By Robert Grudin
“If sturdy layout tells the truth,” writes Robert Grudin during this path-breaking e-book on esthetics and authority, “poor layout tells a lie, a lie frequently similar . . . to the getting or abusing of power.”
From the ornate cathedrals of Renaissance Europe to the much-maligned Ford Edsel of the past due Nineteen Fifties, all items of human layout converse even more than their mere meant capabilities. layout holds either mental and ethical strength over us, and those forces will be manipulated, although subtly, to wonderful impact. In a controversy that touches upon matters as possible unrelated because the eastern tea rite, Italian mannerist portray, and Thomas Jefferson’s Monticello plantation, Grudin turns his recognition to the function of layout in our day-by-day lives, focusing in particular on how political and financial powers galvanize themselves on us during the outfitted environment.
Although architects and architects will locate worthwhile insights right here, Grudin’s meant viewers isn't really completely the informed specialist yet all those that use designs and dwell inside of them each day.
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Additional info for Design and Truth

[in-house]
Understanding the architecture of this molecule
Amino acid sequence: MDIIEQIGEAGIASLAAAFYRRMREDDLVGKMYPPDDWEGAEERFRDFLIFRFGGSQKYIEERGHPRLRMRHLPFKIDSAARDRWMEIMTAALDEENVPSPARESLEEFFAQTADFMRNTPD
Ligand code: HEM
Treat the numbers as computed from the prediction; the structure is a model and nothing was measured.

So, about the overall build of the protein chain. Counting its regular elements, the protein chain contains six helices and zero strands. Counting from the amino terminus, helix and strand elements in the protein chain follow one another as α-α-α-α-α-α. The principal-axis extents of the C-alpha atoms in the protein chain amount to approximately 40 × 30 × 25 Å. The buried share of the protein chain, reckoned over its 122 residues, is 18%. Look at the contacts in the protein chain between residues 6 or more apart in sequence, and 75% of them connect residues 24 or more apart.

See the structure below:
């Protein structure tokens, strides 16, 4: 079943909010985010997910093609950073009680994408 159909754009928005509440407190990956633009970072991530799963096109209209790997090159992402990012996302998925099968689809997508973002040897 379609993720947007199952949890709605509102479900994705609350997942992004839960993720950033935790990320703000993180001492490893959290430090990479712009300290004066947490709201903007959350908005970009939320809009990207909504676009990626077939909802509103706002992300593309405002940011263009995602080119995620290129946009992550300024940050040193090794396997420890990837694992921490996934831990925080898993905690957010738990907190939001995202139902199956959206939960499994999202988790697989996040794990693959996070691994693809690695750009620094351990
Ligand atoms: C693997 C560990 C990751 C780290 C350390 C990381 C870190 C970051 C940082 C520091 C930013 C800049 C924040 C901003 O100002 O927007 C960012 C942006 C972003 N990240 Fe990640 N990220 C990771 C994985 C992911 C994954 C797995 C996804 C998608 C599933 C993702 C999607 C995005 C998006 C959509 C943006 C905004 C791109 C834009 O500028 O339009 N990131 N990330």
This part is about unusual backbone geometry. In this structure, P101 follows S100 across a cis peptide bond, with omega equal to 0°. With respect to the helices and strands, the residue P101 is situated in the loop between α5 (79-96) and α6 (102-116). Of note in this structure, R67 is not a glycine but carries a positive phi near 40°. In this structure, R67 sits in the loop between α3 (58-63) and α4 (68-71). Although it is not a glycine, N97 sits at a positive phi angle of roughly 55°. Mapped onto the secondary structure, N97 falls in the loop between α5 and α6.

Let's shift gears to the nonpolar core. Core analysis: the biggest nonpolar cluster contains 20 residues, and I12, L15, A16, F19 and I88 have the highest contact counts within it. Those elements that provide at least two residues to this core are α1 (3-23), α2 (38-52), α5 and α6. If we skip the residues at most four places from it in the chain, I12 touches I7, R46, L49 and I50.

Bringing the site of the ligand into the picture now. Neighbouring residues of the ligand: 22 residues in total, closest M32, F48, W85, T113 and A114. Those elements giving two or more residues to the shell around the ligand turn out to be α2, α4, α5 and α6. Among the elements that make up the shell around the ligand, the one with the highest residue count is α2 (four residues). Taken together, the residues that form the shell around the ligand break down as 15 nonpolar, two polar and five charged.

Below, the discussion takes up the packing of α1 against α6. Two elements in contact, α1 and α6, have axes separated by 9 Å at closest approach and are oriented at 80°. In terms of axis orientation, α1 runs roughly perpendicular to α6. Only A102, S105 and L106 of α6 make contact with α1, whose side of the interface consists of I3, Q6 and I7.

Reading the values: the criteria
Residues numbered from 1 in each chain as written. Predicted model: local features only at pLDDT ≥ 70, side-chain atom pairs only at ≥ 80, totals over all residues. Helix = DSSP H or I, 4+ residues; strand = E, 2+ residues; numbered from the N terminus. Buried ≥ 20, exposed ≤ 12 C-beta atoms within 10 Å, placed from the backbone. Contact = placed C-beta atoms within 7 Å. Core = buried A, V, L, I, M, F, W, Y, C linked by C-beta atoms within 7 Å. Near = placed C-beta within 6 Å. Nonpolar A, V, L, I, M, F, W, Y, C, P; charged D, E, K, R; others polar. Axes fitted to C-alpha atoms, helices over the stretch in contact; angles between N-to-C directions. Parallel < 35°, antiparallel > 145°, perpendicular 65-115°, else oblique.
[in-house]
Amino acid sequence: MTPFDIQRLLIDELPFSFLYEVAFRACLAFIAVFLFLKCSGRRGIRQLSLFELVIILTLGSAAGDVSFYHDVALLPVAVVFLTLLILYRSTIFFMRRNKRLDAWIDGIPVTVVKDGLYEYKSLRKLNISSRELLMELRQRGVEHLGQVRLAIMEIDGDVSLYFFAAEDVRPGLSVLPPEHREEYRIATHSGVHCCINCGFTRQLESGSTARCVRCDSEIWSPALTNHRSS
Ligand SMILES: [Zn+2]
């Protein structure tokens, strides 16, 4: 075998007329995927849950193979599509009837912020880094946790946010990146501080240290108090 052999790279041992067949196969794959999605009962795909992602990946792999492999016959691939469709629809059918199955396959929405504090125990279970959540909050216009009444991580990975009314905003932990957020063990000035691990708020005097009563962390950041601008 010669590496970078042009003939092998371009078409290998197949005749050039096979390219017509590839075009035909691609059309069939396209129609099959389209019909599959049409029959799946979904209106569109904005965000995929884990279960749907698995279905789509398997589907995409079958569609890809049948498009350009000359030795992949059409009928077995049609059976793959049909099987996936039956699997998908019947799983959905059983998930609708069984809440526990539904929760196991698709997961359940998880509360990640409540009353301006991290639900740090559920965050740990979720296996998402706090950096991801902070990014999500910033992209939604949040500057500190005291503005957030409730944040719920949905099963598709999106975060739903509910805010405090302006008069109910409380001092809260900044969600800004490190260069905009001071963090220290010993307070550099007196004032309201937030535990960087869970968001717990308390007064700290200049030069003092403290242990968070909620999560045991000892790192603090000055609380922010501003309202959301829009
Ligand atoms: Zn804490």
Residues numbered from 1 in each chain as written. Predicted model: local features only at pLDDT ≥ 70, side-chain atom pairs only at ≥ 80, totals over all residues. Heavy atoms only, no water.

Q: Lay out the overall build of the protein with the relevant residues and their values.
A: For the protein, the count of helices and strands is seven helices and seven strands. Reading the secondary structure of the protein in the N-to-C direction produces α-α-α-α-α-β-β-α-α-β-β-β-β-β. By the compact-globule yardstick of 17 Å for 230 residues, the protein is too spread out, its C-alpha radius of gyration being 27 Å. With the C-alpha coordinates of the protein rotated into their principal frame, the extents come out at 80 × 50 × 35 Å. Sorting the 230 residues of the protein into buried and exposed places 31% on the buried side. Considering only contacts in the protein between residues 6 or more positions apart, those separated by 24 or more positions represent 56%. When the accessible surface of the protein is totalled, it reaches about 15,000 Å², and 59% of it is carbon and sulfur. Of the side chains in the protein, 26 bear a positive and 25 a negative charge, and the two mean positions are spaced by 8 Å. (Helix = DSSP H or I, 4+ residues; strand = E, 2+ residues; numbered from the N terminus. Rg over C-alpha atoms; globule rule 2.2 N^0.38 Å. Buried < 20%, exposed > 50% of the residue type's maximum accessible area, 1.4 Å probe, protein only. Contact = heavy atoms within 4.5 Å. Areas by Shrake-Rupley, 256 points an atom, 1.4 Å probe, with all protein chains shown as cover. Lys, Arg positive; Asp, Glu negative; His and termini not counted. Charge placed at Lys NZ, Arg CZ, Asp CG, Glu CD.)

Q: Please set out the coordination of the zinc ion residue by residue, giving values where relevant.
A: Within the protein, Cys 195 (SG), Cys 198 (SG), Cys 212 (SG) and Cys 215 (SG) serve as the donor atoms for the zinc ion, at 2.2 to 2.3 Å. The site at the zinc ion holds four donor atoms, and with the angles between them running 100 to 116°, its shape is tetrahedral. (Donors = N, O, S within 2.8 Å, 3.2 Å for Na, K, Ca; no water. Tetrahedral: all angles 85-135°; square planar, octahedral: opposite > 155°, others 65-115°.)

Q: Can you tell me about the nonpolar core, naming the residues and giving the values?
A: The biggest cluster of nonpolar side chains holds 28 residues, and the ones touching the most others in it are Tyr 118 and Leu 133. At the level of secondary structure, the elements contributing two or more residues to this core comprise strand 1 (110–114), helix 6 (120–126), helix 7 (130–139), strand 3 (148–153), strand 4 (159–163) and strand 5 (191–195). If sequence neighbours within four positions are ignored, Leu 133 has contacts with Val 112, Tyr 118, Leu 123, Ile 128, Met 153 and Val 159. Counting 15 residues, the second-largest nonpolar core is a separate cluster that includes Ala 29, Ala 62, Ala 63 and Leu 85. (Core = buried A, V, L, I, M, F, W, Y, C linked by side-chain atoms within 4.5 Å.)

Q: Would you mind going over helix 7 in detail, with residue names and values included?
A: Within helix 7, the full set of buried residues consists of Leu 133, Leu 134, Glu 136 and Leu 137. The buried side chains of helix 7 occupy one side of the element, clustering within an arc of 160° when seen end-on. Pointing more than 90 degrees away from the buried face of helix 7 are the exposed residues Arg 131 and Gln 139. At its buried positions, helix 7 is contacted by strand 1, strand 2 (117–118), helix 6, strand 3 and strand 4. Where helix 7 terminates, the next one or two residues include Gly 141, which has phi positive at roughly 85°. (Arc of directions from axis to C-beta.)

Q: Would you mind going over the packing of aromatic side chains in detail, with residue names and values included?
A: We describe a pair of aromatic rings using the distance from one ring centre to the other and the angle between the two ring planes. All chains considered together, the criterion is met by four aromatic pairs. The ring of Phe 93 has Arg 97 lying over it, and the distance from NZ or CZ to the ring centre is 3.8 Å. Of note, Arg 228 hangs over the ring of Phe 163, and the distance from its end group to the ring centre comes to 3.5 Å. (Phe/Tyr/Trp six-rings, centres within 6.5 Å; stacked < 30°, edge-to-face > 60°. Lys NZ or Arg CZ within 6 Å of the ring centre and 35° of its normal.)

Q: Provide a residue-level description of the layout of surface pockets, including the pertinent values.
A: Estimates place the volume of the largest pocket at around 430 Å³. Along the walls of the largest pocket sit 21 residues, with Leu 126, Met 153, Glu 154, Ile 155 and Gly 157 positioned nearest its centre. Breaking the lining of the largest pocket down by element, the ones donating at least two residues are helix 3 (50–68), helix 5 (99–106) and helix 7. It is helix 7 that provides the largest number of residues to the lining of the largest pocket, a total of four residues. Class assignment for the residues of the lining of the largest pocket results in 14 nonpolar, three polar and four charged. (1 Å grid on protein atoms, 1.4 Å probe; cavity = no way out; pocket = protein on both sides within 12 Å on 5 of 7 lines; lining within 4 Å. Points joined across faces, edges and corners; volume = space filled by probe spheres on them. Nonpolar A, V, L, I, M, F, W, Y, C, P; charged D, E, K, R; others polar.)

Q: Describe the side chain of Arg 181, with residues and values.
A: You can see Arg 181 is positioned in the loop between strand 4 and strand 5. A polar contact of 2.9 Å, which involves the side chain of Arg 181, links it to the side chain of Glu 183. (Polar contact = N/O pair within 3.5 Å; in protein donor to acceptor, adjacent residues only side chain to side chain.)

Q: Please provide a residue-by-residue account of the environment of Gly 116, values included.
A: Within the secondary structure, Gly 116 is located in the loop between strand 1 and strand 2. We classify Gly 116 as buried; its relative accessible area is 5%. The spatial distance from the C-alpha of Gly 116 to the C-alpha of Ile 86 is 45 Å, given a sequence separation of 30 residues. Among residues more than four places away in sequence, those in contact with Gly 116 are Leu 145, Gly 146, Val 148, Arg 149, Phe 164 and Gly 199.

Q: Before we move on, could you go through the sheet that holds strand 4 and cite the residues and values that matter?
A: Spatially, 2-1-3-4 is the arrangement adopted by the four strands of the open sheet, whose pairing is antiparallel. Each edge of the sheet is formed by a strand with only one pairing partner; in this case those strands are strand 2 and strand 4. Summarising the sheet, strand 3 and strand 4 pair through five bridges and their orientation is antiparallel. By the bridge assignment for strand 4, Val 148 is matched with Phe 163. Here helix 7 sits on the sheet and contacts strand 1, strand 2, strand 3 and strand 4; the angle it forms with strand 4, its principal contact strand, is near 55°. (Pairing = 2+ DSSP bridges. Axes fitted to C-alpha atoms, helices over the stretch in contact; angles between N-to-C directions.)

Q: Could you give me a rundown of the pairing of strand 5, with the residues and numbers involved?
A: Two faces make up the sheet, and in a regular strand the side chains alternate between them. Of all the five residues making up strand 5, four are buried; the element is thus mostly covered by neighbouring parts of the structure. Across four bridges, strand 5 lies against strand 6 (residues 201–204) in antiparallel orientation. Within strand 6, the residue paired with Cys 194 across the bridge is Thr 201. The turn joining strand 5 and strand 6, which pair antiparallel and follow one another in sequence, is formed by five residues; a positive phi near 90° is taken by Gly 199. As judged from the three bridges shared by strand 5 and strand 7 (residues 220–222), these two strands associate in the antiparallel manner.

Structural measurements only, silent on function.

These interactions inhere in all social phenomena, including commerce, politics, war, religion, and love. Even body language is a form of rhetoric. In all of these interactions, an excess of rhetorical zeal is usually the first sign of manipu lation and deception. Mass-market advertising, campaign speeches, jingoism, evangelistic tirades, and seductive crooning all display the same link between exaggerated rhetoric and attempted exploitation. Indeed, we are so deep in spin that we sometimes forget that there is such a thing as truth and that people exist who are ready to tell it.
The latter consideration was apparently of little importance to the Port Authority managers. Eager to enlarge the rental space, they cut the emergency escape routes for each building from six down to three. The Port Authority did this even though each of the most likely forms of emergency—fire, nuclear attack, and earthquake—would have put the elevator system at risk. The moneymaking gambit had dramatic effects on September 11, 2001. If the Port Authority had stuck to the six-stairway code, they probably would have put one stairway at each corner of each tower, instead of bunching the three stairways together in the center of each floor.
1 Even free designers, unencumbered by front offices and left to their own devices, can fall prey to their own priorities. Thomas Jefferson, for example, was an interesting architect but a quirky one. He was fascinated by octagons, and at Poplar Forest (near Lynchburg, Virginia) he built both a house and a privy in that shape. The architectural challenge presented by the octagon, and by other broad shapes like squares and circles, is what to do with the central space. Jefferson met this challenge with another unusual design idea: a central room shaped as a perfect cube, twenty feet wide, tall, and high.